This morning The Atlantic published my analysis of what Quebec’s student protests mean to the global pattern of social uprisings.
Consider these thematic similarities in the events:
- The government oversteps with an abusive action or announcement of an offensive policy.
- Young people begin protesting to decry the injustice and start a larger debate about the legitimacy of the government, and its habit of doing favors for the rich and established at the expense of the young and poor.
- The government cracks down on protestors, spurring criticisms of illegally crushing free speech.
- Instead of quelling the dissent, the attempts to shut down protests helps expand them, contributing to a nationwide conversation about people’s shared distrust of failing institutions.
I believe that this kind of protest is going to get more predictable as the world’s governments come to slowly but surely recognize the impossibility of the current fiscal and financial regimes of the world’s economies. Instead of publicly admitting the failures of the eurozone, pension funds and healthcare, the plan appears to be acting like everything is normal – but then turning to the young and relatively powerless to renegotiate their deals. “Everything is normal,” they appear to say, “It’s just that you need to [insert new deal here: pay for your own healthcare, buy homes at triple the price they cost us, work without benefits, pay more college tuition] for everything to work out now. No complaining! Thanks! Bye!” The failure is being transferred over to the people least able to negotiate through means like lobbying, camapaign finance and other backroom dealing. Their options are sucking it up, or taking to the streets.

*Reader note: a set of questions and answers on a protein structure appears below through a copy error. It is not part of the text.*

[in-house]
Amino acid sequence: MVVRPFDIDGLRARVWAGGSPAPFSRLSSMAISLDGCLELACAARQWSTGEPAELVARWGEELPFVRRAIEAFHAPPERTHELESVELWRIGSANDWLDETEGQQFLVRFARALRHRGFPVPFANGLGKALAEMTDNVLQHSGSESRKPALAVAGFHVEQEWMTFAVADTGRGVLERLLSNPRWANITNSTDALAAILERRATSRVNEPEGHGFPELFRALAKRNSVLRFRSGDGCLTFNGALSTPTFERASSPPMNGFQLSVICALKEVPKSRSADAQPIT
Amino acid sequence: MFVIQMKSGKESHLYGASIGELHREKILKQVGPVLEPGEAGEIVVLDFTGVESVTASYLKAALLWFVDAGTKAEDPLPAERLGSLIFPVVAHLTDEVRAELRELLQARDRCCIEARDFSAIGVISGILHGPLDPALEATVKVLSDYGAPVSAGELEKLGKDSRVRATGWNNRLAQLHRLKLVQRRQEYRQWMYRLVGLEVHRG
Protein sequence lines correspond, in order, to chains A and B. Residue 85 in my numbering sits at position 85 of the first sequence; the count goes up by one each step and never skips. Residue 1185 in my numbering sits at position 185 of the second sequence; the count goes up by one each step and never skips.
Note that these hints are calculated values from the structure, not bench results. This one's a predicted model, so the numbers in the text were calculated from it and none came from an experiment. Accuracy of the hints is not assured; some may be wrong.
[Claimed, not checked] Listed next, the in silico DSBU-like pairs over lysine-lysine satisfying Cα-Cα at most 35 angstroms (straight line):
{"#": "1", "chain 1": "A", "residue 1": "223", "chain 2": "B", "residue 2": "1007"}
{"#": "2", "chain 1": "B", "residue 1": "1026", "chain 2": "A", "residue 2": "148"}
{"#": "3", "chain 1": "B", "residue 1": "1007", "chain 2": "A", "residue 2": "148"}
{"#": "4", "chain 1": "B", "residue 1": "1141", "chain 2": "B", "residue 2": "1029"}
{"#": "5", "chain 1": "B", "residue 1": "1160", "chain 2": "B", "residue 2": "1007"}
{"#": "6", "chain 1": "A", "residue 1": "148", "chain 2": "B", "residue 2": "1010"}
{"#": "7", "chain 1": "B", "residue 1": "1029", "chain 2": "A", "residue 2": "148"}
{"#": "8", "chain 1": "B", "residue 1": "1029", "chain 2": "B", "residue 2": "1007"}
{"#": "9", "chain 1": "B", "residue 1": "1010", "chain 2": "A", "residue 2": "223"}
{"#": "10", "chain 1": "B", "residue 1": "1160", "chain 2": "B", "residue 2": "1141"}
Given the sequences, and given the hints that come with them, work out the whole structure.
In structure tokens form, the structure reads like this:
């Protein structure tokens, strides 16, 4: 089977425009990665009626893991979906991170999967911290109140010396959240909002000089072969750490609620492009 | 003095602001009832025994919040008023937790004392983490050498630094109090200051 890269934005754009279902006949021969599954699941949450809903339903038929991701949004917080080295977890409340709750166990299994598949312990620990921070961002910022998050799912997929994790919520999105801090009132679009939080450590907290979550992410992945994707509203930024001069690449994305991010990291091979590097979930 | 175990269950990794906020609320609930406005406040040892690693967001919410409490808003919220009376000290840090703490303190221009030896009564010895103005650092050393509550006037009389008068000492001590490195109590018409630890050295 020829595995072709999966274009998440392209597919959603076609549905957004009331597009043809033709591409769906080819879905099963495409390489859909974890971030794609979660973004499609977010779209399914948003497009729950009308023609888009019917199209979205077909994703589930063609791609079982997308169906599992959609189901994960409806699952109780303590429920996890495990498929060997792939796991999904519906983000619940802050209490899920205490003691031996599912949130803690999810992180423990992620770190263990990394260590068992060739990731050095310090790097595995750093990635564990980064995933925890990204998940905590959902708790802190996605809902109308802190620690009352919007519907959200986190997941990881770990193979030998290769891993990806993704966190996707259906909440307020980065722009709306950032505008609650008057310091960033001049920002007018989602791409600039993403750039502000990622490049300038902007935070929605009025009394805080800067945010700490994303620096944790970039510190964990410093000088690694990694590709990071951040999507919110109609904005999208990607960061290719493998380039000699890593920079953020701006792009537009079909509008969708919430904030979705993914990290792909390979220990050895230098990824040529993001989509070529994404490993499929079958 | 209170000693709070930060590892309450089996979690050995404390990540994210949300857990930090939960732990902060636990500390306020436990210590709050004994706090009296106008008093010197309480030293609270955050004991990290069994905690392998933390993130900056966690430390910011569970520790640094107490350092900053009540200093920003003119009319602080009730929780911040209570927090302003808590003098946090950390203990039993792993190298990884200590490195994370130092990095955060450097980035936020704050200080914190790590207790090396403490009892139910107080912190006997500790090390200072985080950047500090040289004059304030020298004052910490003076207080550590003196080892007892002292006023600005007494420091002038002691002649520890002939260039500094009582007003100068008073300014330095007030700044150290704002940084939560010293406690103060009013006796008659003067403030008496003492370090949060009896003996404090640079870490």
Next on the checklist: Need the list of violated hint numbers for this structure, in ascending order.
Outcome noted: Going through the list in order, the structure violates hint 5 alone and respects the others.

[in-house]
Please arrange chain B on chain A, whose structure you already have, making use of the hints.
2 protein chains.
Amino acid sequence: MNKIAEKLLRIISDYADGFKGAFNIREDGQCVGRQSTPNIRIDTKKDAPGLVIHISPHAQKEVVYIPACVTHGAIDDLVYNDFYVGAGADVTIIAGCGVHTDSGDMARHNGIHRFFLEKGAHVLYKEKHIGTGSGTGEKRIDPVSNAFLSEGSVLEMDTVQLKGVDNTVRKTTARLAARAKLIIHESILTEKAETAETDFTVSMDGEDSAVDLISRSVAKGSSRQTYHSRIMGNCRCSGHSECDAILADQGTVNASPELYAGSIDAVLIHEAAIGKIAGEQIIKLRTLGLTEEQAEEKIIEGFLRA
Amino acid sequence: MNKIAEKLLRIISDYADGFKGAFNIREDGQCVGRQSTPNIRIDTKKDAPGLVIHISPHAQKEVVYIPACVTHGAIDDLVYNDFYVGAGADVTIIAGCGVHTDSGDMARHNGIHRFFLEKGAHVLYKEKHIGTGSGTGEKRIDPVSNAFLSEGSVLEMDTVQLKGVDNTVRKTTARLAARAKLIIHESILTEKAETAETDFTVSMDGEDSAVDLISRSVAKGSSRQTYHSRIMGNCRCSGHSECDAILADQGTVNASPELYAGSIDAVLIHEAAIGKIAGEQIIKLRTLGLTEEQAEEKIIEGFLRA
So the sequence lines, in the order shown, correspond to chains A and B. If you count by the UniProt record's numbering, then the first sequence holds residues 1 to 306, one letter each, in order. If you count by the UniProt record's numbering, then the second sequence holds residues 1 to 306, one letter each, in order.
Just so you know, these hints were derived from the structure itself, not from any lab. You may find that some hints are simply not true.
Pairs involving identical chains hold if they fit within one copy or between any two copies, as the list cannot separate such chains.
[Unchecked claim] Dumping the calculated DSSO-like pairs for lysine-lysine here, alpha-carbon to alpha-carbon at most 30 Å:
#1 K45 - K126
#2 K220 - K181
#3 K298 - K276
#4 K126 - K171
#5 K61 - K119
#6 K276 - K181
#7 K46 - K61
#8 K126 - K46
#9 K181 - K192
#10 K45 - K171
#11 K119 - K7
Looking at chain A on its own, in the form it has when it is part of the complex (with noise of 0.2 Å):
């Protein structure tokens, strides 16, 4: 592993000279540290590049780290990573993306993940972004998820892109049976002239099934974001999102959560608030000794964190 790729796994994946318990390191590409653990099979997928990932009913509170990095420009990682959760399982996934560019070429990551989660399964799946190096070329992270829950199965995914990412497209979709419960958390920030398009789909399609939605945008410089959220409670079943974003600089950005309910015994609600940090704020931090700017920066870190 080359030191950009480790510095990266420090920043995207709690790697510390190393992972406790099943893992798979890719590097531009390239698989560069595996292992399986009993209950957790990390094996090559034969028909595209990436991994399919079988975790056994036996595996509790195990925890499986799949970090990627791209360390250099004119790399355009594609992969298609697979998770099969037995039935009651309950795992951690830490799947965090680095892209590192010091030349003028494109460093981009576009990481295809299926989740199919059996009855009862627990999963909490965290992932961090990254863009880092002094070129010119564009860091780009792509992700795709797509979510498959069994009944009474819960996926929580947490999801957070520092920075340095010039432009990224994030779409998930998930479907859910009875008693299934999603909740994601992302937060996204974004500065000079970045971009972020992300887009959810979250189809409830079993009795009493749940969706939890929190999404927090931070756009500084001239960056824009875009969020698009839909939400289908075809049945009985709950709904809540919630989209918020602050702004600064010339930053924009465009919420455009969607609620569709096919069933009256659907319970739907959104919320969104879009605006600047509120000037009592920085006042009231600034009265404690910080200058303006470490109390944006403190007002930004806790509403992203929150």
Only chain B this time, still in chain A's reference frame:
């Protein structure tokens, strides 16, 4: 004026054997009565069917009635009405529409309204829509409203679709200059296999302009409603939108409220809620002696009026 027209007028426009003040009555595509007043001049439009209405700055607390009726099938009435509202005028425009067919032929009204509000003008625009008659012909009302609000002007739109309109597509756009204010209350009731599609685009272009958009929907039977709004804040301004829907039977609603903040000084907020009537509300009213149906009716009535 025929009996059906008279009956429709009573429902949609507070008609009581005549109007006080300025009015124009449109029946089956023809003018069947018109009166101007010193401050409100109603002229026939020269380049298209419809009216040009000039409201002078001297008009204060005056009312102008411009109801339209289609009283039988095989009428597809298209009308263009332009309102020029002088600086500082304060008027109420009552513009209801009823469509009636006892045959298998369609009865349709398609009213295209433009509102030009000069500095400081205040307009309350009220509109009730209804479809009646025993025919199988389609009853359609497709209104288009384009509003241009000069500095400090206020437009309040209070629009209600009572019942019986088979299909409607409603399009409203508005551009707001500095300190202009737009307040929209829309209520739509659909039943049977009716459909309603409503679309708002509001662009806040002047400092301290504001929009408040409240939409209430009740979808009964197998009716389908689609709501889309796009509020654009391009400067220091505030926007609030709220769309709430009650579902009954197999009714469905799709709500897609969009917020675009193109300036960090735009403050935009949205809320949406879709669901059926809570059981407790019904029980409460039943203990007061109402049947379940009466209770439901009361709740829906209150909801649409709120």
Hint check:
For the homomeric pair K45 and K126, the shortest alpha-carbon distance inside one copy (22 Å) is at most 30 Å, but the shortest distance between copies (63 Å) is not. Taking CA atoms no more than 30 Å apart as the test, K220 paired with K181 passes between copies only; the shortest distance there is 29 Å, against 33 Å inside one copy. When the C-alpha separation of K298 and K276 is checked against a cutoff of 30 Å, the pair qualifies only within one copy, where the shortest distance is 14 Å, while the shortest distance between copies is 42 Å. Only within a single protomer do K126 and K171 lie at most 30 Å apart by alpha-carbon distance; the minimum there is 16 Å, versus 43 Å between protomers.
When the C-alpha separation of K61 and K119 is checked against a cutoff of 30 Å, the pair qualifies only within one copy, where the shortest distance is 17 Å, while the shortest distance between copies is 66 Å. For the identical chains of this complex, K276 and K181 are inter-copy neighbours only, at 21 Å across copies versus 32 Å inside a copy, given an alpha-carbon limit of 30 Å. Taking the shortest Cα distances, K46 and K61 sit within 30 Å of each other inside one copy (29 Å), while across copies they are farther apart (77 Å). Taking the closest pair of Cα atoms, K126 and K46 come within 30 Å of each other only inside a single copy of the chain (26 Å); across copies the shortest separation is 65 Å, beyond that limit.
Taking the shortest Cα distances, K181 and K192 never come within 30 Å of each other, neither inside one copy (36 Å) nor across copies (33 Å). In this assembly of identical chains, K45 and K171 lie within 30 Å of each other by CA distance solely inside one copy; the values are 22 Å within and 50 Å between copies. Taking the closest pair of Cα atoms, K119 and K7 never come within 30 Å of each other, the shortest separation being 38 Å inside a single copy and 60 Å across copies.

It could be Spring for a while.